By @fergalbyrne

Please discuss this paper below.

Two great recent talks concerning the theory behind this paper from George Sugiharaâ€™s lab:

For HTM heads, this theory identifies what they call â€śsingularitiesâ€ť with high raw anomalies in the NuPIC sense, where prediction is impossible or highly sensitive to initial conditions.

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Fergal, thanks for the interesting and informative paper. Iâ€™ve only given it a quick read, but Iâ€™ll definitely digest it further.

To summarize (for my understanding), important features of one or many systems with many dynamic and unpredictable parameters can be reconstructed through observation of one parameter over time. This reconstruction is modeled by Takensâ€™ Theorem, which uses various delays from the time-series measured parameter to reconstruct properties of other parameters. The hypothesis is that neocortical structures like the Cortical Column use this principle to create a model of our dynamic world.

Iâ€™d also like to point to your blog writeups. They are really helpful:

http://inbits.com/2015/05/brain-universal-dynamical-systems-computer/

http://inbits.com/2015/12/new-paper-and-talk-symphonies-from-synapses/

Dave

Thanks @ddigiorg for taking a look and your kind remarks.

Yes, that is correct, but the claim is somewhat stronger than that in two ways.

First, Takensâ€™ Theorem states that the â€śmodelâ€ť to all mathematical intents and purposes *is* the system from which you get the time series (formally, the manifolds are *diffeomorphic*), which means that anything you use the model to do (prediction, anomaly detection, detection of nonstationarity, identification of regimes) will automatically be true of the real world system.

Takensâ€™ Theorem is a theorem (ie universally true, like Pythagorasâ€™) for specific classes of dynamical systems, but as Sugihara et al and many others show, it still holds in large part in almost all natural settings, even where the systems and the time series do not match the criteria.

The second point is illustrated by the examples given in the two talks above. To extract the parameters of the correct embeddings, scientists need to try different settings for the dimensionalities, lags, and choices of input variables in the time series, and choose the one which gives the best prediction scores or wins on some related measure, all involving observing how nearest neighbours stay close together as you change dimensionality.

HTM and the cortex do this automatically in L4 by projecting the inputs into the very high dimensional space of the TMâ€™s cellular SDRâ€™s, and using its learned coincidence detection to automatically lock on to the appropriate dimensionality, lag etc. By Temporally Pooling in L2/3 over highly predicted transitions, HTM models nonstationarity in the observed system (which these guys canâ€™t handle) and identifies the sequence of regimes the system is passing through.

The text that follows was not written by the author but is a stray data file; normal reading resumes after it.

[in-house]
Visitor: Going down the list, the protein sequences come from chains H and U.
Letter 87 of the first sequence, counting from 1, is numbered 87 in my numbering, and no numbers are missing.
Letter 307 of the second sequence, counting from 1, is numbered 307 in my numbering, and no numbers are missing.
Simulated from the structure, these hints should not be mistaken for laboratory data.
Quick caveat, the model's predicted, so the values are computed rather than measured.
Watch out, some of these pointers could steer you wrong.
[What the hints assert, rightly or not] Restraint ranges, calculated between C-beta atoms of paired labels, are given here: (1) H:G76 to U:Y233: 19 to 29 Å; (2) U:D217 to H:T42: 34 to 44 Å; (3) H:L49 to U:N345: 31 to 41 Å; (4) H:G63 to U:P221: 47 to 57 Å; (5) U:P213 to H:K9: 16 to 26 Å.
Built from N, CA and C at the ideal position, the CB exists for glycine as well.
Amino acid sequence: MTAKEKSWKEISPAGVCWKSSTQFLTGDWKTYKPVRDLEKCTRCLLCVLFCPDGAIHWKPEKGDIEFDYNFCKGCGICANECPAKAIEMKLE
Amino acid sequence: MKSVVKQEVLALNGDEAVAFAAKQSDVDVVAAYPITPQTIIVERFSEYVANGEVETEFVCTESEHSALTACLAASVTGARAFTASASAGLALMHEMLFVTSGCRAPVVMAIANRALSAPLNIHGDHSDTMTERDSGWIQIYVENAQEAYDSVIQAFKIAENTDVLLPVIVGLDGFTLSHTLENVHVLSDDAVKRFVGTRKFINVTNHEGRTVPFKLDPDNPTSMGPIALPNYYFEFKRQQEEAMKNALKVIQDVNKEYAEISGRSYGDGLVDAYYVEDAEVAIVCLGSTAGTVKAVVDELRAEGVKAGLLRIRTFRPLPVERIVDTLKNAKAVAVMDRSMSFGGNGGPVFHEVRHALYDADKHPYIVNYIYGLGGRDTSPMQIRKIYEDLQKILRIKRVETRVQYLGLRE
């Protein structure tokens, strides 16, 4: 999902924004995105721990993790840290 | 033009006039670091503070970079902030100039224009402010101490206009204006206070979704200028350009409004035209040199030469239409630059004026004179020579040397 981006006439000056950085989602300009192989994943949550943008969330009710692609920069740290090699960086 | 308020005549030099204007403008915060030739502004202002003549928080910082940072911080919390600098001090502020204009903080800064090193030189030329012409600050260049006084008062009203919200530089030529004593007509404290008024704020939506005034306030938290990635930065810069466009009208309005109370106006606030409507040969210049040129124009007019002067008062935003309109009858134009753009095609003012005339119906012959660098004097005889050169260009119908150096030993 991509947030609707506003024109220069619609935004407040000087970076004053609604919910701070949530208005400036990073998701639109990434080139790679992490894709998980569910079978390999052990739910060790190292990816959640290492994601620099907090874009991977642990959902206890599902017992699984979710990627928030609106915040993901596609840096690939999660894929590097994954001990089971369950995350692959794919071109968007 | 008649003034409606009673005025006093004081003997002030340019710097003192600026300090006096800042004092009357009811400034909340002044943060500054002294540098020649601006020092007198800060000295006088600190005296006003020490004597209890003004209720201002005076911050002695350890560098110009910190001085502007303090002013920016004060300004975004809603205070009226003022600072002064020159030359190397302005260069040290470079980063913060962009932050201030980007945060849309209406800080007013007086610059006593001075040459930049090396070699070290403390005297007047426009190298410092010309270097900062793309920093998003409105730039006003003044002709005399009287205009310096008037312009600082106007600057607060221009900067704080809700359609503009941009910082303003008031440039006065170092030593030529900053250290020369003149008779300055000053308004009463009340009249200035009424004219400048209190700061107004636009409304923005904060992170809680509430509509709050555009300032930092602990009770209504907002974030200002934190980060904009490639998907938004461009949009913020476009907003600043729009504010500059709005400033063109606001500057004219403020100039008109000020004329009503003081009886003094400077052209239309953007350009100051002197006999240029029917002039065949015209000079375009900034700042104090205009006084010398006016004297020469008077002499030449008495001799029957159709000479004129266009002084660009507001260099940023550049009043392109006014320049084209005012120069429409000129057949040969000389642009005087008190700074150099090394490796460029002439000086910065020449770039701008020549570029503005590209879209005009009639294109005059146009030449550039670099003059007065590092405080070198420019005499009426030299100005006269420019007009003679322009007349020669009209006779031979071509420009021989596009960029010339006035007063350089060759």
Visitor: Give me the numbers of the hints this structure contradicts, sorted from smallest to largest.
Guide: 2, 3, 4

As Sugihara says in the Q&A, he knows heâ€™s figured out the parameters he needs when his model does good predictions. This is exactly how HTM and the cortex do it, but the parameters are learned and the system need not be stationary as long as its regime trajectories can be learned.

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@fergalbyrne Once again I appreciate your rich explanation about how Takensâ€™ Theory applies to the cortex and HTM. Iâ€™ve never heard of concepts like dynamical systems, Takensâ€™ Theorum, and diffeomorphism so this is a really unusual perspective and quite interesting!

HTM and the cortex do this automatically in L4 by projecting the inputs into the very high dimensional space of the TMâ€™s cellular SDRâ€™s, and using its learned coincidence detection to automatically lock on to the appropriate dimensionality, lag etc. By Temporally Pooling in L2/3 over highly predicted transitions, HTM models nonstationarity in the observed system (which these guys canâ€™t handle) and identifies the sequence of regimes the system is passing through.

Hmmâ€¦ I think Iâ€™m having trouble understanding the relation between the current HTM theory architecture with the Takens Theorem. Other than my wildly unfamiliarity with these new concepts, a portion of my confusion stems from the functionality and interaction of layers. The layered architecture you explain in your paper seems a bit different from my understanding (unless your HTM theory is a bit different than Numentaâ€™s which might explain my confusion). However, I donâ€™t want to further derail the thread because I havenâ€™t had a chance to fully understand your paper. I apologies I canâ€™t contribute anything meaningful to the discussion!

At least for me Iâ€™ve identified a glaring gap in my knowledge. I really donâ€™t have a solid intuition about a cortical columnâ€™s architecture and itâ€™s holding me back. I think I might do a paper or detailed diagram myself to collect my thoughts and finally start digging into some neuroscience sources. I hope you donâ€™t mind me PMing you some questions in the coming weeks.

A side note (and attempt to contribute at least something to the conversation), I think at 3:18 and onward in this video may be indicating the L6 transformation current HTM theory. L6 transforms â€śwhatâ€ť and â€śwhereâ€ť inputs and L4 performs sensory-motor inference and prediction on that transformation. I could be wrong though, Iâ€™m not confident in my understanding just yet.

EDIT: For those who are unfamiliar with Dr. Sugiharaâ€™s work on dynamic modeling, I found an interesting article.